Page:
End Date: Saturday, March 31, 2018
Last Supper exhibition still by C. Maxx Stevens
Last Supper by C.Maxx Stevens, Seminole/Mvskoke, is a conceptual installation pointing to the negative effect of contemporary diets, and the devastating effect of diabetes throughout native nations. Stevens’ builds a visual narrative based on private and public memories and experiences. The exhibition Last Supper creates a larger social awareness of the epidemic and its dilemma in all of the United States: one out of every six native people will develop diabetes or be affected by the disease. The mixed media installation includes Stevens’ family archives and testimony about the disease and its impact on traditional values and the drastic evolution of diet as well as economy.
C.Maxx Stevens is an Installation artist and Seminole/Mvskoke Nation from the Oklahoma Region. Her art is based on memories of family and culture expressed in three dimensional environments using materials, objects, and technology to build a visual narrative. She is currently an Assistant Professor of Art at the University of Colorado in Boulder, Colorado serving as the Foundation Arts Director in the Art and Art History Department. C.Maxx has been a recipient of many awards and honors such as 2014 Art Matters Grant in New York, New York, 2005 Eiteljorge Fellowship Award. She has exhibited at the Smithsonian American Indian Museum Heye Center in New York City, New York; C. N. Gorman Museum, University of California at Davis, Davis, California; Eiteljorge Museum of Indian Art, Indianapolis, Indiana; Museum of Arts and Crafts, New York, New York; Center for Contemporary Arts, Santa Fe, New Mexico; Institute of American Indian Arts Museum, Santa Fe, New Mexico; Gordon Snelgrove Gallery, University of Saskatchewan, Saskatoon, Saskatchewan, Canada; The Montana Museum of Art and Culture, Missoula, Montana; Boise Art Museum, Boise, Montana; and White Mountain Academy Gallery, Elliot Lake, Ontario, Canada to name a few.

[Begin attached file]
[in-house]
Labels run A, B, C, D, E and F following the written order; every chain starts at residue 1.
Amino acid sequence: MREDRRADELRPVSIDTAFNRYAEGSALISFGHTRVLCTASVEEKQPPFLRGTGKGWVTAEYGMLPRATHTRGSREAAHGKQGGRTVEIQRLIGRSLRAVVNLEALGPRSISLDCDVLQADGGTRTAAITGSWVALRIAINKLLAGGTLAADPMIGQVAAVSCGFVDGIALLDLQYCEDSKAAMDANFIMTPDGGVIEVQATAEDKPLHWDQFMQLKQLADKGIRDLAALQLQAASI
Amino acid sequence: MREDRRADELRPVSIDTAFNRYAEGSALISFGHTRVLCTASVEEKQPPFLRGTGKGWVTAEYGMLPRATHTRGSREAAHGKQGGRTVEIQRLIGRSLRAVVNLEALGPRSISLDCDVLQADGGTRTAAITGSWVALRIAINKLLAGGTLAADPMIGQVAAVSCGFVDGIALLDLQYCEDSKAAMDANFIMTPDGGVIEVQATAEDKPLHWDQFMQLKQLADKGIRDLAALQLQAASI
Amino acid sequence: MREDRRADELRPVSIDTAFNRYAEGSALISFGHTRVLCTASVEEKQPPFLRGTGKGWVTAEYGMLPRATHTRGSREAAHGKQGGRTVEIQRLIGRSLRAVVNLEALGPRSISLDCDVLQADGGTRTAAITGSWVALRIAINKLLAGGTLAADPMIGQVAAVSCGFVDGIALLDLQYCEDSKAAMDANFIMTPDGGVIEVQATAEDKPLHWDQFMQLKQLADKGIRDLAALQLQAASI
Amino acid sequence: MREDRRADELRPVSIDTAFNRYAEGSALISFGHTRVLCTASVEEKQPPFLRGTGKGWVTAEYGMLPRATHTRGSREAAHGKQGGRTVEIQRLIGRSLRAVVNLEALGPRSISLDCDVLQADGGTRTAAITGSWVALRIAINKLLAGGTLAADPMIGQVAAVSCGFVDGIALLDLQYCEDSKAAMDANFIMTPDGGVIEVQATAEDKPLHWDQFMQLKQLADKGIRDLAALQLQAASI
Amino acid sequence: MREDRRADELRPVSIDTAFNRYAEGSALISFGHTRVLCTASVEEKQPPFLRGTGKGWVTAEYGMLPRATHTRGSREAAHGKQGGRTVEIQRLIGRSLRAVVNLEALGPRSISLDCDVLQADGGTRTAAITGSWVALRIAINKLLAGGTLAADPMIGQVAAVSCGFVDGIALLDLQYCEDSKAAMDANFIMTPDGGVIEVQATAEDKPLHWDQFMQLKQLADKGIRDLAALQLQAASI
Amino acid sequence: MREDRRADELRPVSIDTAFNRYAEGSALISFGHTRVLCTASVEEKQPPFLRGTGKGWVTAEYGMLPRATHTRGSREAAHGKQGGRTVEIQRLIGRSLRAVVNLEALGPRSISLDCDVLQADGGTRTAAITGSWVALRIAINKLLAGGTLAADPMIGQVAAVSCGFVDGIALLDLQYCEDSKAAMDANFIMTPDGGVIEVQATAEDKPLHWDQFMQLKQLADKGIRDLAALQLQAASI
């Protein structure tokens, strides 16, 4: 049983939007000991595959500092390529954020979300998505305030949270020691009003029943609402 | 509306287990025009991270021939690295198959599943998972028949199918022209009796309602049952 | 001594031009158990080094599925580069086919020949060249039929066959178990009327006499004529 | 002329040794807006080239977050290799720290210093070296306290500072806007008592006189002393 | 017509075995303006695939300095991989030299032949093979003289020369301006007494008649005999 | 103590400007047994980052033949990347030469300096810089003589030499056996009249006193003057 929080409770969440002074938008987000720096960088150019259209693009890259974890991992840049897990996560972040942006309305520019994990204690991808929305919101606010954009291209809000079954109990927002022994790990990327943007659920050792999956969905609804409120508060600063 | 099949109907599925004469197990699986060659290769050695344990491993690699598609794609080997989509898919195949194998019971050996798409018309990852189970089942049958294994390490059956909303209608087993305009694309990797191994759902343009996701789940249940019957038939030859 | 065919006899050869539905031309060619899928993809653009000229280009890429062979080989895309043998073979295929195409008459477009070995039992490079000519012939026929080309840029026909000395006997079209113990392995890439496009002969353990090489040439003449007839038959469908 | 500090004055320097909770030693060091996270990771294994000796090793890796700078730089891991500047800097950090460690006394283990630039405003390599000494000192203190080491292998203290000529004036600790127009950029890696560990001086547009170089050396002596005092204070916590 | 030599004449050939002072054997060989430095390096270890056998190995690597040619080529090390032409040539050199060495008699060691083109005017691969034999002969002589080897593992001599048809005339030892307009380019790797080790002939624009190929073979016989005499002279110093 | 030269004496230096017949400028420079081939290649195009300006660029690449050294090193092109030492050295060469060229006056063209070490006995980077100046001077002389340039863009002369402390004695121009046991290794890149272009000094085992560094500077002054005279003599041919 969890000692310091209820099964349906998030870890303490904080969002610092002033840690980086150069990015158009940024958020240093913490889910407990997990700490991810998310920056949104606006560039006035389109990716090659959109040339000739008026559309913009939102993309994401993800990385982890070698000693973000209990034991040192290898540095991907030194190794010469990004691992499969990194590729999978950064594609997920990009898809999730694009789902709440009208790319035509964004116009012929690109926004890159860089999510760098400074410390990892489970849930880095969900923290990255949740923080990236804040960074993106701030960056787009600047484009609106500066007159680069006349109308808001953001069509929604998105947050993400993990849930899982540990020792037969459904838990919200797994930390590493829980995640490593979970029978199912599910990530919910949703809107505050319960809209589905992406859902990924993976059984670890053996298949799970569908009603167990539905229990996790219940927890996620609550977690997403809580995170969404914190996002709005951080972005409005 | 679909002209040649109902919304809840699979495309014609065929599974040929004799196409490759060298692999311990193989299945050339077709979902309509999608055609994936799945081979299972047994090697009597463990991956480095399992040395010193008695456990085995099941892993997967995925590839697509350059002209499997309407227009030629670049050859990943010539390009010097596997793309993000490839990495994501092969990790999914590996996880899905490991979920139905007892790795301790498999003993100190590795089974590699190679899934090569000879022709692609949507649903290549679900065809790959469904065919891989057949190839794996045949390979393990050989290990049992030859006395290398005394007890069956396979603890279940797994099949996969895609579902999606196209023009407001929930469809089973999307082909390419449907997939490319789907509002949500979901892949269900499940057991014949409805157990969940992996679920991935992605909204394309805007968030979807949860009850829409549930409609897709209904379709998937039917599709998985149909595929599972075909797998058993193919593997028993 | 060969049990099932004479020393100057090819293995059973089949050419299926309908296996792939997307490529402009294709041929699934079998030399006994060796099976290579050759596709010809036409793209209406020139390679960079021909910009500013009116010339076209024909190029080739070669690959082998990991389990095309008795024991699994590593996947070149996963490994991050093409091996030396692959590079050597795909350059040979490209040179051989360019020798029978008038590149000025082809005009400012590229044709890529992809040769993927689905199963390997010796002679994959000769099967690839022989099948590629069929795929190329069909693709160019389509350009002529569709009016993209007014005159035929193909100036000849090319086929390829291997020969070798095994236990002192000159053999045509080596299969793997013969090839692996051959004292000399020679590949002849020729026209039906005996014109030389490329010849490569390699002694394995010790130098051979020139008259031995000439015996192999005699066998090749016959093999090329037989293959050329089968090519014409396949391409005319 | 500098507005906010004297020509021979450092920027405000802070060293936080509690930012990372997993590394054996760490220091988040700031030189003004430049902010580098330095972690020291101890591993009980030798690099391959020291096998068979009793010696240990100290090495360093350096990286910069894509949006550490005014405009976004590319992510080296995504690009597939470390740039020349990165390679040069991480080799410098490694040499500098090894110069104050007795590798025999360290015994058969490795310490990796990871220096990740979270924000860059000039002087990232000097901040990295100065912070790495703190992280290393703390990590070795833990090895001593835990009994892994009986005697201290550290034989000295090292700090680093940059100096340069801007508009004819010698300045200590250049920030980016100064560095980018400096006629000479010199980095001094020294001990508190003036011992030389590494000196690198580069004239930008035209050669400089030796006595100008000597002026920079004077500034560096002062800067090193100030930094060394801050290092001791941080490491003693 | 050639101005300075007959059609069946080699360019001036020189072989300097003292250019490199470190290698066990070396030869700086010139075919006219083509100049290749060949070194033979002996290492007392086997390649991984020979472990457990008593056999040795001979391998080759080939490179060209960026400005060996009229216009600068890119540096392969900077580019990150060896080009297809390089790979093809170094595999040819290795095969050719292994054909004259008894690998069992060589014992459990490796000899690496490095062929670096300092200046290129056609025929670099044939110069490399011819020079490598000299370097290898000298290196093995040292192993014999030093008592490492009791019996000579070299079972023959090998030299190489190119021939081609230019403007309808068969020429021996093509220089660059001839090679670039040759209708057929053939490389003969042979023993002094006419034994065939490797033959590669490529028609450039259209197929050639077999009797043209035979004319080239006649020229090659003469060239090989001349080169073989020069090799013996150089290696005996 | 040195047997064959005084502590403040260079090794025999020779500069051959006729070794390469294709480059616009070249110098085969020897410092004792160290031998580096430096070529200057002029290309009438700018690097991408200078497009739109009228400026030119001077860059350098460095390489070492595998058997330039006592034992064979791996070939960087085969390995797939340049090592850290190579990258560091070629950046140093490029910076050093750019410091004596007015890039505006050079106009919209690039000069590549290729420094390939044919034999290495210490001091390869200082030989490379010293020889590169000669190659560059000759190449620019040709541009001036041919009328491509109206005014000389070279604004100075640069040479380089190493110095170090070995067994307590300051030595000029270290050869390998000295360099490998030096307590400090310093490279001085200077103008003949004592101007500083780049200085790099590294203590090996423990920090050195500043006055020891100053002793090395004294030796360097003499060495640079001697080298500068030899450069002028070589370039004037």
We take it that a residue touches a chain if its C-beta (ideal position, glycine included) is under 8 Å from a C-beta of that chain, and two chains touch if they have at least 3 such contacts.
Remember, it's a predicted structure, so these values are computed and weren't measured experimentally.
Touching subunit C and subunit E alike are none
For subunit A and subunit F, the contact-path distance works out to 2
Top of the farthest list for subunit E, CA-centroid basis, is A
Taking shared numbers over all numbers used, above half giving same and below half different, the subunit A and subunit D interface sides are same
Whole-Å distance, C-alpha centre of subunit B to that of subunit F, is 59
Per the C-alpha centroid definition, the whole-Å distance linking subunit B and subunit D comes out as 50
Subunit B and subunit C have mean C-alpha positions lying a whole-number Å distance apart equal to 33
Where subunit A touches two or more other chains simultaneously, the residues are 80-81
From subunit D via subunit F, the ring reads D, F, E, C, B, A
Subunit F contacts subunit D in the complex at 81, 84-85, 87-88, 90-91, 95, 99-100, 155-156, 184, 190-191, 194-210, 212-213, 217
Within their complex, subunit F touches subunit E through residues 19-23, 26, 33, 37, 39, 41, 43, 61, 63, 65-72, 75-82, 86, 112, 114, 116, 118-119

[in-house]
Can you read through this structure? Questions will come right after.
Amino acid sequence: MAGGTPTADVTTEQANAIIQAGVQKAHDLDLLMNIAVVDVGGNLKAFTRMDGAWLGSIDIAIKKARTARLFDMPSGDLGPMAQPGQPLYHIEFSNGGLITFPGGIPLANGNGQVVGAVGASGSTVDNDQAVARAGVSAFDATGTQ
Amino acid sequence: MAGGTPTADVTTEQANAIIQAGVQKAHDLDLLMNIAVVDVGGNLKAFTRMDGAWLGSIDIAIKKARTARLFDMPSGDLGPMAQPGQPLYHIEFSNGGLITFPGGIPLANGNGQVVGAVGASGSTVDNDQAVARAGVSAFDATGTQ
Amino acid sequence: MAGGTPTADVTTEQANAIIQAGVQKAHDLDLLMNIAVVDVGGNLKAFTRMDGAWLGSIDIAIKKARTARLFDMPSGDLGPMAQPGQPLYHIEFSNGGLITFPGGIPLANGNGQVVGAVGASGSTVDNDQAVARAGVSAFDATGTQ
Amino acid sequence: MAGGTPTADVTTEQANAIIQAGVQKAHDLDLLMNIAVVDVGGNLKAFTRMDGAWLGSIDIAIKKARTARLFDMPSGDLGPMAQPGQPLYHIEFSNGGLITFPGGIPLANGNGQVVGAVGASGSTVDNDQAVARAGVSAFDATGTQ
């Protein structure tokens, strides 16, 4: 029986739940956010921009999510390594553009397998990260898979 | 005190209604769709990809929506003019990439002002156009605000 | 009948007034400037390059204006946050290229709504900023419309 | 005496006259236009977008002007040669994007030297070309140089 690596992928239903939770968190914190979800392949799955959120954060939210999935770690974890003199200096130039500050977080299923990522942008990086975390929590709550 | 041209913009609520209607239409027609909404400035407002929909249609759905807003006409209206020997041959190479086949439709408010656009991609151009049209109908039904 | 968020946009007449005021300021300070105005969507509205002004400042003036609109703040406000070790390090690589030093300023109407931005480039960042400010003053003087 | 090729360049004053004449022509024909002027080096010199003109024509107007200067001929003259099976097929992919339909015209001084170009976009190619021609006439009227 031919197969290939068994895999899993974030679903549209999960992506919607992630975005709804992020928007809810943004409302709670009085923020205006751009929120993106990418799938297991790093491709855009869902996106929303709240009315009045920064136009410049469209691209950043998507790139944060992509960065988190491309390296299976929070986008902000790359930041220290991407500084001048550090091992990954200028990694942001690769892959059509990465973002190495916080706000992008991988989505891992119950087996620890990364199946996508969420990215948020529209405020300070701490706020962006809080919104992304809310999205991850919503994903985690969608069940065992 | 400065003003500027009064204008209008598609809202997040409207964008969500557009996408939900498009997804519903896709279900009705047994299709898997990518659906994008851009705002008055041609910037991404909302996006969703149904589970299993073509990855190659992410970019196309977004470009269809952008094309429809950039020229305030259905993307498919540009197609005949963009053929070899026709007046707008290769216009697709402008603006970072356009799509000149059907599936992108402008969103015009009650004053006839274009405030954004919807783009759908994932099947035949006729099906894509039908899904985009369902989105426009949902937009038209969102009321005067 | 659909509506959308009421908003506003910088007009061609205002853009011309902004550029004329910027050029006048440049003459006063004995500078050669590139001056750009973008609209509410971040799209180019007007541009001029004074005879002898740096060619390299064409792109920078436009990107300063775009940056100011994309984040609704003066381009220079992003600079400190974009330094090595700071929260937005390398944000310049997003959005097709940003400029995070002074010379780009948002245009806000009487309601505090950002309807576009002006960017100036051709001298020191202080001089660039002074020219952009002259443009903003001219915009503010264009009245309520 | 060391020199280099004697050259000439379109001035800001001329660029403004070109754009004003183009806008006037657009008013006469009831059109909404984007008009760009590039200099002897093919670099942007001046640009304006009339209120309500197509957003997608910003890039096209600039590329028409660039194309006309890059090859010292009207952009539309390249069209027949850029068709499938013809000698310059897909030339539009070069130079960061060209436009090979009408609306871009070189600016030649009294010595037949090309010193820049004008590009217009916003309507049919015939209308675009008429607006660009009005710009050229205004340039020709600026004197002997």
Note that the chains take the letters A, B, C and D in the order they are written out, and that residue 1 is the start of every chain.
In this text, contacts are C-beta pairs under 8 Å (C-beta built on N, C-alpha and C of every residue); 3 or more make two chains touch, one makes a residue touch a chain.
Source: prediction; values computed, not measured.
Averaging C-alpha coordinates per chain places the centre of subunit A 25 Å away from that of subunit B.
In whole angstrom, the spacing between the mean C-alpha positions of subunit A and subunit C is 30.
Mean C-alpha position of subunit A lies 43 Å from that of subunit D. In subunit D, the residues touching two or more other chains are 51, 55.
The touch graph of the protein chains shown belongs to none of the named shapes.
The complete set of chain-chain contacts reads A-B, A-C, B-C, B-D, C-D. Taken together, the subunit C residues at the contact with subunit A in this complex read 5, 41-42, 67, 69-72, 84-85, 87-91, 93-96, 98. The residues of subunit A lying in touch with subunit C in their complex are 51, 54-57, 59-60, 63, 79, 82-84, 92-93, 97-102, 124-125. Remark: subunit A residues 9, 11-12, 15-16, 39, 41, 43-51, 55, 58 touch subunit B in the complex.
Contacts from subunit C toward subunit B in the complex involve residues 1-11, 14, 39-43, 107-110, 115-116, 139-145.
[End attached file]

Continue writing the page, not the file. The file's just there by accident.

Last Supper is presented in partnership with the IAIA Museum of Contemporary Native Arts and will be on display through March 31, 2018, a reception and gallery talk withC. Maxx Stevens will take place Friday, March 2, from 6 – 7:30 at the Maxwell Museum. The event is free and open to all.
End Date: Saturday, March 3, 2018